People decide to become vegetarian for a number of reasons. It could be to live healthier lives, help pollution or merely because they’re ethically opposed to eating animals. Whatever the reason, they will always face questions, sometimes even criticism.
When I was younger I tried my hand at becoming vegetarian because the thought of eating an animal was, and still is not one that sits well with me. However at that time I was a fussy individual who didn’t like vegetables, cheese (I still don’t and I struggle to understand why anyone would like such a nasty food), nuts or anything healthy for that matter. Long story short I became ill and received a number of lectures from the parents – I had to eat meat again for my health. Don’t get me wrong I like the taste of meat, I just hate the idea of eating a pig, cow, chicken or any creature for that matter.
Scrolling down my newsfeed recently I came across a PETA post talking about a 30 day vegetarian pledge and it caught my eye. Basically, you sign up to make a 30 day pledge – you can choose a vegan or vegetarian plan. They give you endless recipes, shopping lists and ideas that actually make it very easy. From foods such as Chinese takeaways, pizzas, mock meats and more, you’re sure to find foods you love (find all that here: http://features.peta.org/how-to-go-vegan/). They even tell you where to find the ingredients you need and for those really needing help, they offer a free starter kit in which they send to your house. Now that I’m older and my taste buds have matured (slightly, still not enough to tolerate cheese) I thought why not! I eat a wider variety of healthier (healthyish) foods now so it shouldn’t be too difficult.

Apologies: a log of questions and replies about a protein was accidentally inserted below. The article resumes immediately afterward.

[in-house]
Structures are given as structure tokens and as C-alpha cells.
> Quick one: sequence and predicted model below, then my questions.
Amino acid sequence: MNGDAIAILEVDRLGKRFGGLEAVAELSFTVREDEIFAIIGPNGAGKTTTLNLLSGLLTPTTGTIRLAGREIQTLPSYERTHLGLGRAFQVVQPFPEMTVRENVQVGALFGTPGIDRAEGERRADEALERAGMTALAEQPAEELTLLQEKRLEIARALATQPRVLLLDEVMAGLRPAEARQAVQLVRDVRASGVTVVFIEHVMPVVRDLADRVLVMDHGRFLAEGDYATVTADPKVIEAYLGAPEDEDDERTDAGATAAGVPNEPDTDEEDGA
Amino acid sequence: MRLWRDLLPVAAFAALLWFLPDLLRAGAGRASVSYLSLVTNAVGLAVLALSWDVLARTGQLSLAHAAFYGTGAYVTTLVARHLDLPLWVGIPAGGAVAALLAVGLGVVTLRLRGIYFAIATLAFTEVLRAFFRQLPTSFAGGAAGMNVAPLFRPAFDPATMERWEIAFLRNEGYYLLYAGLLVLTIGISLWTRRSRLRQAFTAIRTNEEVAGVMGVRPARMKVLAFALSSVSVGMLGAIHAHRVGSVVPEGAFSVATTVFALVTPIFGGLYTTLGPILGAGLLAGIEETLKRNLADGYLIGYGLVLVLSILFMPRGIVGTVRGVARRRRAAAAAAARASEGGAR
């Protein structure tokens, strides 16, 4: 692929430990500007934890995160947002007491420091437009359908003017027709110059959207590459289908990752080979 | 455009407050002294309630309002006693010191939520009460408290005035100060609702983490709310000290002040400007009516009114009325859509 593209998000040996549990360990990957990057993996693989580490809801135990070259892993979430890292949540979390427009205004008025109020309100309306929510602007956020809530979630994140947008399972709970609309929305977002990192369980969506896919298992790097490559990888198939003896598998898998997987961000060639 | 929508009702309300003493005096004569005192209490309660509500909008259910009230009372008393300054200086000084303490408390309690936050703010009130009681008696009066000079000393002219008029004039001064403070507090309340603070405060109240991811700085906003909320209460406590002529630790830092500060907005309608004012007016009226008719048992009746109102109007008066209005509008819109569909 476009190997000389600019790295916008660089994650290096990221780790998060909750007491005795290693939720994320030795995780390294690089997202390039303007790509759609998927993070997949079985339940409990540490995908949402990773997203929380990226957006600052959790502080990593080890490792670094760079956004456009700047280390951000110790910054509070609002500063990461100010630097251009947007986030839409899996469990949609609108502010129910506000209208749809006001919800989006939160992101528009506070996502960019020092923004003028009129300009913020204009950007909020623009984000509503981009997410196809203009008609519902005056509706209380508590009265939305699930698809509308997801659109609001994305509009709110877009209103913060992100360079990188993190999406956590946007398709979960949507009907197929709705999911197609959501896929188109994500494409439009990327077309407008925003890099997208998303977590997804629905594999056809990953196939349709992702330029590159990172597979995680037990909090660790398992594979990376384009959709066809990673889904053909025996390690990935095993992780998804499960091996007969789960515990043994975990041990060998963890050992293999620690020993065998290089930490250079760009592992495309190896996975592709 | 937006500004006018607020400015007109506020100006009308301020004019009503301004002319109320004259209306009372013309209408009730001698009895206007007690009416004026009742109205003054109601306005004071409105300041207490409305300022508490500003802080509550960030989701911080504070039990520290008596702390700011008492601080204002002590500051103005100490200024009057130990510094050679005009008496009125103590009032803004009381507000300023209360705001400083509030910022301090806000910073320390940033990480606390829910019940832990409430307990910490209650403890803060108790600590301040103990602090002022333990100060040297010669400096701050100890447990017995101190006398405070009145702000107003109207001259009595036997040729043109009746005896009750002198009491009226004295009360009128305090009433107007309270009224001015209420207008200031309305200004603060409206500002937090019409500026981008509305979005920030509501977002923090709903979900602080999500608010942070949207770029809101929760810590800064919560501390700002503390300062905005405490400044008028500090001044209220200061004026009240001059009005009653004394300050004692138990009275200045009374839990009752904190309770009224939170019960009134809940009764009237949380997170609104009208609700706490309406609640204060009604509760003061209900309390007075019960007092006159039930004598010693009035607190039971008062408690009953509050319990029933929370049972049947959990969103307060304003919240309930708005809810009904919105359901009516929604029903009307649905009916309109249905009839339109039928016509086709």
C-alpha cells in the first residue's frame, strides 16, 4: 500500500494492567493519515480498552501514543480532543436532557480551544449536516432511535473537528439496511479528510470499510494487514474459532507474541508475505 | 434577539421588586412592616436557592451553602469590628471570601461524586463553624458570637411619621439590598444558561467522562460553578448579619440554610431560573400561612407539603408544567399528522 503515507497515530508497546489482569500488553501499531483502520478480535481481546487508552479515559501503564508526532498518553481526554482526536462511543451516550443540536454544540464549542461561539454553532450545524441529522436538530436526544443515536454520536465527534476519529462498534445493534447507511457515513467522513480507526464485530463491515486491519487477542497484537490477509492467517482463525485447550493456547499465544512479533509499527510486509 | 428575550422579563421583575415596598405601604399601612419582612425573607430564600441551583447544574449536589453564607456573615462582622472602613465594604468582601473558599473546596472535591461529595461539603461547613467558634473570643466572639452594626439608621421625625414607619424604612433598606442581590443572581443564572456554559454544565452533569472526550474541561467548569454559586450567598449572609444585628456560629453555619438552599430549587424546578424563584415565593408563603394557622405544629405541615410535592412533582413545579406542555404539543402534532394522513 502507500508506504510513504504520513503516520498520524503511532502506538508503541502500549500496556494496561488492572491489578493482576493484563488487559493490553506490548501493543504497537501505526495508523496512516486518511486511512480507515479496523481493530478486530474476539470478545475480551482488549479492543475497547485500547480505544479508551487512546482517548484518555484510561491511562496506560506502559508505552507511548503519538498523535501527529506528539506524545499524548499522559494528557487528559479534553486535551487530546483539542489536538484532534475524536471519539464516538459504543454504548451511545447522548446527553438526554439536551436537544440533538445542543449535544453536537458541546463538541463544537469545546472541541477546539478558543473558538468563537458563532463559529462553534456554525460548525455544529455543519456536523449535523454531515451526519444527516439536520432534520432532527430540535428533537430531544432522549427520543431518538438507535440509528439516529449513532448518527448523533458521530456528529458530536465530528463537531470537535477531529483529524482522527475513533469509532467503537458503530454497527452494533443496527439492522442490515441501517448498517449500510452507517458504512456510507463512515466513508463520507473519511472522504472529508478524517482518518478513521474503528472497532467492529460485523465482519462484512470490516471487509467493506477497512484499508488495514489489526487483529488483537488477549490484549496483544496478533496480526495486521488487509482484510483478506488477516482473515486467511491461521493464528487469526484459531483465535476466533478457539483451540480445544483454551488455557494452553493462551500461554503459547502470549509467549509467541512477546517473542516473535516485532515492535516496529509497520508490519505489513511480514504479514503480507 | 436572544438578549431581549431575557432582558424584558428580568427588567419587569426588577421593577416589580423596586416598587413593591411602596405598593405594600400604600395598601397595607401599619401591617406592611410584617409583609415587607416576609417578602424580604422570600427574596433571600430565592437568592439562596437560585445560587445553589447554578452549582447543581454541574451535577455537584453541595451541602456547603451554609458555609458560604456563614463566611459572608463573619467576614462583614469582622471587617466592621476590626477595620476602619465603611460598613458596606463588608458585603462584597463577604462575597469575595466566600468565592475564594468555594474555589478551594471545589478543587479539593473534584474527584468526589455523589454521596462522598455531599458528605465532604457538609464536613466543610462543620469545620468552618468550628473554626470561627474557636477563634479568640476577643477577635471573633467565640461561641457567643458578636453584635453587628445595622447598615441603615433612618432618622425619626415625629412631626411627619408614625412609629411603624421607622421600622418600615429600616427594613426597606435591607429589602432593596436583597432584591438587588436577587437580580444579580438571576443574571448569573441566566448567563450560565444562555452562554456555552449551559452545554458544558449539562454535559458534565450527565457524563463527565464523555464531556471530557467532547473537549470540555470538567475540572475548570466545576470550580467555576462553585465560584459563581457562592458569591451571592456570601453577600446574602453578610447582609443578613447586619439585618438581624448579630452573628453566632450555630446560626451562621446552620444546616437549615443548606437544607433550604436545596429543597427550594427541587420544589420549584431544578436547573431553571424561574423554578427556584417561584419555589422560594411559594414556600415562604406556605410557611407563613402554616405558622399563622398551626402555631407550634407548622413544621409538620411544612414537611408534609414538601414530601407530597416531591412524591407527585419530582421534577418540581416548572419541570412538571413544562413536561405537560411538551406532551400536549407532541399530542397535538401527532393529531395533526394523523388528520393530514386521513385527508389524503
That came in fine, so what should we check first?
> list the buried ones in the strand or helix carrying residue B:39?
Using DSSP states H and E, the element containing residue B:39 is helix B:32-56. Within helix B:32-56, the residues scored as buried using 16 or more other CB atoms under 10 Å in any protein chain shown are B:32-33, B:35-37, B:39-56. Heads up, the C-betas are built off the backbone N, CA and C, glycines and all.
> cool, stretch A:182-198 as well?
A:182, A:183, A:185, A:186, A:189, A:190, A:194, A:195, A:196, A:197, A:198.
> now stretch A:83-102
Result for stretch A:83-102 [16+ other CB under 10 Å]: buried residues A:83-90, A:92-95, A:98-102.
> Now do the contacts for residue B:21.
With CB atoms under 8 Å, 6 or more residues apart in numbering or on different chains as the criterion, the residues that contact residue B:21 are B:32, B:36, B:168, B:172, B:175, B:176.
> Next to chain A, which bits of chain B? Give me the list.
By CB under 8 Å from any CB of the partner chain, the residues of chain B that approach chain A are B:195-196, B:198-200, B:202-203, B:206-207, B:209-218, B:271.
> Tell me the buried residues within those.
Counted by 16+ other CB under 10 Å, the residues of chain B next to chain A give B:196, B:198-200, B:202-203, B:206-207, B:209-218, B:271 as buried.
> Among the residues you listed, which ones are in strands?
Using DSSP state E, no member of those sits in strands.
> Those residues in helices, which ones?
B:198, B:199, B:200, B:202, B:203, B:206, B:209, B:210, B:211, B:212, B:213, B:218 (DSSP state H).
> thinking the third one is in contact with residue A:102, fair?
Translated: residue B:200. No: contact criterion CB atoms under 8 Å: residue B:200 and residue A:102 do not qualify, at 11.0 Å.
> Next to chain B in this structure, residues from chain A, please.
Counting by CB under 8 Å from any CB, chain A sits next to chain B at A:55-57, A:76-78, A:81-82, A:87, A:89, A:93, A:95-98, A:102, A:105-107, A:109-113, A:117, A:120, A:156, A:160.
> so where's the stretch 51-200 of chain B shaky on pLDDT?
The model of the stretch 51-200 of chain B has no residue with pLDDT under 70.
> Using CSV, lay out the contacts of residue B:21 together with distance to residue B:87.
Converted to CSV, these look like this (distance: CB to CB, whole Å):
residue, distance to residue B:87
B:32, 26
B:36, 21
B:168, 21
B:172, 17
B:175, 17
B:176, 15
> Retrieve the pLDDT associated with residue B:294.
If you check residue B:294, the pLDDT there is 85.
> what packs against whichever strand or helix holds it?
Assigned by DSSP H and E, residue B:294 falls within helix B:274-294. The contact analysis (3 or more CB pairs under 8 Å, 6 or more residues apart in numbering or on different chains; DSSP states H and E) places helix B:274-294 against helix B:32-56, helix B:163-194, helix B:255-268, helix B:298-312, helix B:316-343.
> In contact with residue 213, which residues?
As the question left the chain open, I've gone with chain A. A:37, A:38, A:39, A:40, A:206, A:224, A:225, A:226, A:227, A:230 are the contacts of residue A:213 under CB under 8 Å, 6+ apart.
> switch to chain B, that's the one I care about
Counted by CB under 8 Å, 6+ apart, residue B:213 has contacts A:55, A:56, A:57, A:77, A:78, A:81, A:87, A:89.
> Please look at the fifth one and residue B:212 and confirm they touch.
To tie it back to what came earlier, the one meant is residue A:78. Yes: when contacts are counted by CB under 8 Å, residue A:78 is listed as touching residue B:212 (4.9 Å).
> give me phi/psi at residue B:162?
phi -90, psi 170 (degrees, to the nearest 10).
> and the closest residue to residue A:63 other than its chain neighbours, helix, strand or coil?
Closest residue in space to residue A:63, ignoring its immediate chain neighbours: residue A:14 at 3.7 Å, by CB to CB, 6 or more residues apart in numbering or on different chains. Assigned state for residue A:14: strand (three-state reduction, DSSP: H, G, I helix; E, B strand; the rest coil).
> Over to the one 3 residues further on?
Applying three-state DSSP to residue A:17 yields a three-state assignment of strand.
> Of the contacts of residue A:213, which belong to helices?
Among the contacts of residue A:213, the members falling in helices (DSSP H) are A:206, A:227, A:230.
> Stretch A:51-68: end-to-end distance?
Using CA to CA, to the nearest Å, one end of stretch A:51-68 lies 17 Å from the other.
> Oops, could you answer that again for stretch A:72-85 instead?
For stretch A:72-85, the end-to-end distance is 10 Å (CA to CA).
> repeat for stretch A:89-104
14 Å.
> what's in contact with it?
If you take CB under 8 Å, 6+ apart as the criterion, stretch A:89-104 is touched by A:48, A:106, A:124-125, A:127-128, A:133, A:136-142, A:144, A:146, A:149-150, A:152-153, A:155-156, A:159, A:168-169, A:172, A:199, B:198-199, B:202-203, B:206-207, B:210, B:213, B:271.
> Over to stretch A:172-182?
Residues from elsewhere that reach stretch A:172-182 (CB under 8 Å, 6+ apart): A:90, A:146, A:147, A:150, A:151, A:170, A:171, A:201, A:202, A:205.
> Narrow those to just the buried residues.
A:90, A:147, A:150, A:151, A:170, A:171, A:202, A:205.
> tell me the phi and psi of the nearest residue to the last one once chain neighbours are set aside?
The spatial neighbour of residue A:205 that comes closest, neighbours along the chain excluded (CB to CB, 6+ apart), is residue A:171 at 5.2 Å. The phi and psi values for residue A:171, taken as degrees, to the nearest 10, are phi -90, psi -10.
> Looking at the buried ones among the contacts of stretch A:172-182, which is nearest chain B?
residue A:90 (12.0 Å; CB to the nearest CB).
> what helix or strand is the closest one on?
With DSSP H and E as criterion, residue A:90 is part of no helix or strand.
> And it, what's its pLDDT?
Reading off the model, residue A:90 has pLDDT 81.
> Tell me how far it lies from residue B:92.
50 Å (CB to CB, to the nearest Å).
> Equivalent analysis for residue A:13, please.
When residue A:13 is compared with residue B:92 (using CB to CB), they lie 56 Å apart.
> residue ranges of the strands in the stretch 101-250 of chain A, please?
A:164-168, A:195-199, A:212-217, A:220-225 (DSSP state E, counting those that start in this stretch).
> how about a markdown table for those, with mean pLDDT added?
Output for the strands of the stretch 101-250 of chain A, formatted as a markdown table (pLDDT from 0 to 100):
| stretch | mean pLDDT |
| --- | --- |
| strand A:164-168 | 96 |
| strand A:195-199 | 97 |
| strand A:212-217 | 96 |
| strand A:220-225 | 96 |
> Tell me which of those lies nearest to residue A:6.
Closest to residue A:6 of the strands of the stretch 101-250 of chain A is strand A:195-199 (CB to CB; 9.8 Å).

Many people have said to me “you being a vegetarian isn’t going to stop animals being killed” and that’s true it isn’t, but I’m taking myself away from any involvement in helping aid these slaughter houses/practices. I don’t want to support that trade so by not eating meat, I’m removing myself from it and I’m happy knowing I haven’t contributed towards it in any way.
There’s always people questioning/criticising vegetarians on their decision to stop eating meat for animals’ benefits and I struggle to understand why. If someone has made a choice to stop eating meat then why must it concern anyone else?
Questions I hear a lot are “why go vegetarian? What good will it do? It won’t benefit anything” – it actually benefits a number of things. A vegetarian diet is a lot healthier than those including meat; it helps in preventing, treating or reversing heart disease and reducing the risk of cancer. This is down to the fact that vegetarians consume less animal fat and cholesterol (vegans consume no animal fat or cholesterol) and instead consume more fibre and more antioxidant-rich produce.
Not only is it healthier, but becoming vegetarian actually helps the environment by reducing pollution. Many people don’t realise that chemical and animal waste runoff from factory farms is responsible for more than 173,000 miles of polluted rivers and streams. You’ll also avoid toxic chemicals – The EPA estimates that nearly 95 percent of the pesticide residue in the typical meat-eating diet comes from meat, fish and dairy products. Heavy metals such as mercury and lead are often found in fish and cannot be removed through cooking or freezing.
Looking even closer at the issues, it’s argued that vegetarianism could help reduce famine. 70 percent of all grain produced in the United States is fed to animals raised for slaughter. David Pimentel, professor of ecology at Cornell University stated that if all the grain currently fed to livestock were consumed directly by people, the number of people who could be fed would be nearly 800 million.
Whether you eat meat or not, it’s an individual choice – no one should judge you either way. Many people have told me they couldn’t go without Nandos or McDonald’s chicken nuggs and that’s understandable, I used to love a good nug, but I feel too strongly about the cause so I have to say goodbye to such treats!
So, if you fancy giving the 30 day pledge a go I will post the link underneath this article. Give it a try, you might surprise yourself…
(P.s. The video attached to the PETA webpage is very graphic and some people may find the content upsetting.)